Christine Gledhill
Reframing British Cinema, 1918-1928: Between Restraint and Passion

By Gareth Buckell

British silent film, since the introduction of sound, has endured a dismal reputation. Kevin Brownlow wrote that British silents never advanced beyond the sense of technological astonishment visible in early experiments by GA Smith, Williamson's Kinematograph Company and RW Paul. The period's greatest director, Alfred Hitchcock, did not peak until his move to Hollywood, despite the success of The Lodger (1926); even Wyndham Lewis, the most iconoclastic modernist, declined to experiment with film, and the UK avant-garde did not involve themselves with cinema like Brecht, Dalí, or Mayakovsky. The failure of British directors to match DW Griffith's narrative skill, Murnau's technical mastery or Eisenstein's level of formal experimentation has resulted in its critical mauling, as it failed to contribute to the process of determining cinematic form as did American, French, German and Russian films of the period.

Rachael Low's seminal history of the British film, with its comprehensive volume on the 1920s, remains the authoritative work on the subject. Gledhill, keen to revise the perception of British silents, builds on low, looking at how various cultural, social, political and aesthetic debates fed into an attempt to create a specifically British idiom in the new artistic field. A sense of national identity, fuelled by nationalistic demands for a film culture distinct from popular Hollywood movies, was established through various discourses of related binary oppositions, influenced by the massive upheavals of the First World War, which necessitated a rethink of long-held 'British ideals'. These dialectics eschewed formalist concerns, focusing almost entirely on content, and on acting rather than construction.

Gledhill emphasises debates about film acting, using a wide number of contemporary sources (interviews, newspaper and journal reviews) to pinpoint key discourses in characterising British film: the opposition of 'British' restraint and 'American' passion dominates, besides competition between naturalism and stylisation, and the casting choice between established stars and 'non-actors' playing 'types'. However, Gledhill avoids centralising her argument around acting debates, and carefully assesses how oral tradition, Britain's impressive literary heritage, popular fiction and the related art of photography influenced the thematic, intellectual and visual character of the films she studies.

Modernist conceptions of cultural hierarchies, defining avant-garde production as 'high art' distinct from popular culture, are crucial to Gledhill's understanding of the development of British film. The theatrical and literary heritage of the Victorian and Edwardian periods were important: much of British narrative film owed something to dramatic works and ideas by playwrights such as Noël Coward, Dion Boucicault and Stanley Houghton; indeed, the high number of adaptations was criticised in 1920s film journals. This heritage, Gledhill argues, met with music halls, melodrama and traditional images and to form a predominantly 'middlebrow' cinematic culture, consciously repudiating Hollywood populism and the modernist experiments in Europe.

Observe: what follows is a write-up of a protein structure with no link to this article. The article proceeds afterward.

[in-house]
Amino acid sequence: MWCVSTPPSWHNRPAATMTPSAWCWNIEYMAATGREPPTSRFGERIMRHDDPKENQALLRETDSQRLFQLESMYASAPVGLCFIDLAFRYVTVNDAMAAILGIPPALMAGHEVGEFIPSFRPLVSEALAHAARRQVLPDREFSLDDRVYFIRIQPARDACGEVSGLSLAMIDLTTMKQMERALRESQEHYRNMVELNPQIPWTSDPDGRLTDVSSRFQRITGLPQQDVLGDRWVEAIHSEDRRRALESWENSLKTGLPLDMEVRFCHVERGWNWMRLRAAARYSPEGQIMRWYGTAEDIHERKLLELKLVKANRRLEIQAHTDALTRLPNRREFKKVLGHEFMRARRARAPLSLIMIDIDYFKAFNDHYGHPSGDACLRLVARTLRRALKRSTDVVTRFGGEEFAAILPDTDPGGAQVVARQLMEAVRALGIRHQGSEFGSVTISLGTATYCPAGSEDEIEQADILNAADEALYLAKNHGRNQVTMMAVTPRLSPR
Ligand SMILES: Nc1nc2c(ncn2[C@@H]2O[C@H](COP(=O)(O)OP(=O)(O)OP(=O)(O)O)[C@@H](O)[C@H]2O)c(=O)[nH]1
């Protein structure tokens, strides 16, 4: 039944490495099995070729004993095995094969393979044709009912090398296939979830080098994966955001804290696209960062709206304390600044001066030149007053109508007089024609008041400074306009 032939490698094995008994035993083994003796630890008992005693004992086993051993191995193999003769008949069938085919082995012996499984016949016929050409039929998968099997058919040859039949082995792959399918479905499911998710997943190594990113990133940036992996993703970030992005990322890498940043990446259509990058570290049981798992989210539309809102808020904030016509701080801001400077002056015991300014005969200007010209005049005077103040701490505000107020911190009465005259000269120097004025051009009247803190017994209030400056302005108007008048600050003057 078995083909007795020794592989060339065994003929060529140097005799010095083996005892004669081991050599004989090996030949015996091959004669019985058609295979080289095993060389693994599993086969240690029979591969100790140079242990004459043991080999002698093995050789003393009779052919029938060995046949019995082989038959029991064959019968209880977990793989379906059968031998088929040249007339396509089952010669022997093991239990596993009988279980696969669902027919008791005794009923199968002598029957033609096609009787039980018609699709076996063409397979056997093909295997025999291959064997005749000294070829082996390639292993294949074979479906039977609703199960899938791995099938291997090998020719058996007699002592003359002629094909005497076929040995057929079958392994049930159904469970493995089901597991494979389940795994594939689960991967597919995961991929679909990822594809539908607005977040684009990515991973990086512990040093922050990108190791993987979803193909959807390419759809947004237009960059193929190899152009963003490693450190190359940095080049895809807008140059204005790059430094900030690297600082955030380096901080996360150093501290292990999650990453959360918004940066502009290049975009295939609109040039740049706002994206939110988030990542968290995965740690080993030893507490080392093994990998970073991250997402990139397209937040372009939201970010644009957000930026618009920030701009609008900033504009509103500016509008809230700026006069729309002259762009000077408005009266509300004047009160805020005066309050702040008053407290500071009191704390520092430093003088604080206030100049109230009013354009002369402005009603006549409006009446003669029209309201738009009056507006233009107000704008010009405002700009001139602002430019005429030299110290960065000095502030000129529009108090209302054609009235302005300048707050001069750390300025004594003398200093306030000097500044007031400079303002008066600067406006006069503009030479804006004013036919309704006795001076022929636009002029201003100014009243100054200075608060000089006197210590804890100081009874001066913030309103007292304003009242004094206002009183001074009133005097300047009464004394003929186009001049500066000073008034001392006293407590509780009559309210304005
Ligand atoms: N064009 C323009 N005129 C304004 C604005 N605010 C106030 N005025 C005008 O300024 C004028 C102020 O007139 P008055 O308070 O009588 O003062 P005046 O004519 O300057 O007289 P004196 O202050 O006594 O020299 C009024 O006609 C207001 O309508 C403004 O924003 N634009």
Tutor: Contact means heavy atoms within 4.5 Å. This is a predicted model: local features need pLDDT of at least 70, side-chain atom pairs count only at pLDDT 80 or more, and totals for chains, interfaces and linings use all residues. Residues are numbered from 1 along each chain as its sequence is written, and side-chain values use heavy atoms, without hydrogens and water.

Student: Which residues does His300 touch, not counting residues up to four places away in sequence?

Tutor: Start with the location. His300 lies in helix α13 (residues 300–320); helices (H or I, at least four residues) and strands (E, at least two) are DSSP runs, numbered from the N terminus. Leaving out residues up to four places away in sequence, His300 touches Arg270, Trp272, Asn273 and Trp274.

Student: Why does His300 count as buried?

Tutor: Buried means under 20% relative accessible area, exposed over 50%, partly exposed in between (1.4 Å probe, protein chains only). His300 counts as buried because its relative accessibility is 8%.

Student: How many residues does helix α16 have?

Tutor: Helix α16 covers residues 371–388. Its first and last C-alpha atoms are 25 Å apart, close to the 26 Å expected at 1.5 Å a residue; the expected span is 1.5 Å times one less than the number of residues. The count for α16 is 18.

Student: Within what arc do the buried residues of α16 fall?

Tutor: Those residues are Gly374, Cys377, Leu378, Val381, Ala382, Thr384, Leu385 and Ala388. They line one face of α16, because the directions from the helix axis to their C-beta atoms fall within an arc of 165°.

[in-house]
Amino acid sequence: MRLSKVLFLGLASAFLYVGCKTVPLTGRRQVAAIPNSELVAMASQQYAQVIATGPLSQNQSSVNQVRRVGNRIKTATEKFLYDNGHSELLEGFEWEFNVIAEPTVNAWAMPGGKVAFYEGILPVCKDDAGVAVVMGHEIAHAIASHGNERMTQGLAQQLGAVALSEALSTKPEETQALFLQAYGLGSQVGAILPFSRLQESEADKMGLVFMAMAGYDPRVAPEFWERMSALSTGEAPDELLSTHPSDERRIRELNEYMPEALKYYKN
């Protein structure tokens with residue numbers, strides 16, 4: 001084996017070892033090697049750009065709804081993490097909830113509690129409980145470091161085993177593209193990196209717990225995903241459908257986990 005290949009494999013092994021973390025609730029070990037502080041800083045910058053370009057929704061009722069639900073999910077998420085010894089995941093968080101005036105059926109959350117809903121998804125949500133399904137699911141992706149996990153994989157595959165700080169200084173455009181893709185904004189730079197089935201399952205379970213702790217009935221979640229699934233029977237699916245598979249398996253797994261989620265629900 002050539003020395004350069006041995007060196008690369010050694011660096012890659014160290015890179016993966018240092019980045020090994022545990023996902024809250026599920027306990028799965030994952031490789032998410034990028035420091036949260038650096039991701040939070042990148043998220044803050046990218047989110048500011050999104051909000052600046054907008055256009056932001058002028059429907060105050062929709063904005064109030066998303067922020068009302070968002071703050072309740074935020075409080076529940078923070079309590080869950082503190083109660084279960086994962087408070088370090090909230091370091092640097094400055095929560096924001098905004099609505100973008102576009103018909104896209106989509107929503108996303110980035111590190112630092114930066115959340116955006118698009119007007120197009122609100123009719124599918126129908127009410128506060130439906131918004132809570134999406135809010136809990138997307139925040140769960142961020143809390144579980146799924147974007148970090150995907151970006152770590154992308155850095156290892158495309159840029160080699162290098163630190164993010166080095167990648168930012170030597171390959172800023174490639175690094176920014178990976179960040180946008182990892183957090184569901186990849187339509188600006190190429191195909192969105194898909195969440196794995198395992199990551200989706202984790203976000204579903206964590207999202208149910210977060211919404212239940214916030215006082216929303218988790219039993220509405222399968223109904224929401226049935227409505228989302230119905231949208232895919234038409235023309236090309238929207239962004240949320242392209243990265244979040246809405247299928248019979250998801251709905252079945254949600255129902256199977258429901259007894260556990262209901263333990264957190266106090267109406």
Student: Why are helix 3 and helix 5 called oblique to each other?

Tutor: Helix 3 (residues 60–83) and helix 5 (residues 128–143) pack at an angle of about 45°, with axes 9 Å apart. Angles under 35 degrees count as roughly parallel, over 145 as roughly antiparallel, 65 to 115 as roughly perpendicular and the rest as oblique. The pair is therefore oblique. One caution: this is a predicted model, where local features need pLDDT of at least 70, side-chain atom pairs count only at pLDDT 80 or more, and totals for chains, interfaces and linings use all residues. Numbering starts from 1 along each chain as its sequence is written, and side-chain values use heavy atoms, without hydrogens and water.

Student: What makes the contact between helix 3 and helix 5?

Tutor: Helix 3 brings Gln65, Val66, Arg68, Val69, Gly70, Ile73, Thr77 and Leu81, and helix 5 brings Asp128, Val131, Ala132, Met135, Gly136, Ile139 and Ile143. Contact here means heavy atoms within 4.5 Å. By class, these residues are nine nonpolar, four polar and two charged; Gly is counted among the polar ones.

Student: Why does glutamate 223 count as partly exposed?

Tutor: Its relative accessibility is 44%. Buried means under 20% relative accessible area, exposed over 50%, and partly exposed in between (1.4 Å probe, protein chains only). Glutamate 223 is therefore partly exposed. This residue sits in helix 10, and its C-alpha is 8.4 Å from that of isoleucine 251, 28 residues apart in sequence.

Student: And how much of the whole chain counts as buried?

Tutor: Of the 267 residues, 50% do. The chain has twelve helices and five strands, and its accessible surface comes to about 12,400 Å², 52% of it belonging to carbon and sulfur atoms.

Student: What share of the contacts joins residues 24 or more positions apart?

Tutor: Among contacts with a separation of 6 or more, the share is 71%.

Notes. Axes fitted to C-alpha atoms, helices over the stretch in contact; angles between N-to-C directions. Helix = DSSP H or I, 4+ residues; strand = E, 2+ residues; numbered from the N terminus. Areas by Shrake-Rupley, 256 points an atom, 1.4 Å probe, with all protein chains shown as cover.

Another binary opposition, crucial to inter-war political debate, fed into the process of establishing a narrative tradition: the conflict of (conservative, liberal or parliamentary socialist) reformism and revolutionary politics. In Britain, Gledhill states, revolutionary politics gained very little ground – only the general strike, which had little impact on contemporary directors, threatened parliamentary democracy. Gledhill identifies Houghton's Hindle Wakes, expertly filmed by Maurice Elvey (1927), as exemplary of the class-conciliatory politics, aware of the necessity of post-war social changes, which infused British film; its heroine, Fanny Hawthorne, typified protagonists who 'set about readjusting rather than overthrowing the boundaries of previous generations', and the way in which larger social issues were often played out in small, familial scenarios.

An astonishing number of films are assessed by Gledhill, with the deliberate exception of Hitchcock's The Lodger and The Ring, extensively detailed elsewhere, and by no means contradictory to her argument. Key works by Elvey, George Pearson, Asquith, Gaham Cutts and others are subjected to impressive technical analysis, with interpretation of content informed by Lacanian psychoanalytic criticism, Bakhtinian theories and a perceptive understanding of inter-war society and politics. Gledhill does not so much suggest, then, that British silent film was the equal of its American and European counterparts (despite unearthing several forgotten classics), but more that the aesthetic and content debates were so complex that they could not have been resolved by 1928, and that the flowering of the 1940s owed much to foundations laid in the silent era.
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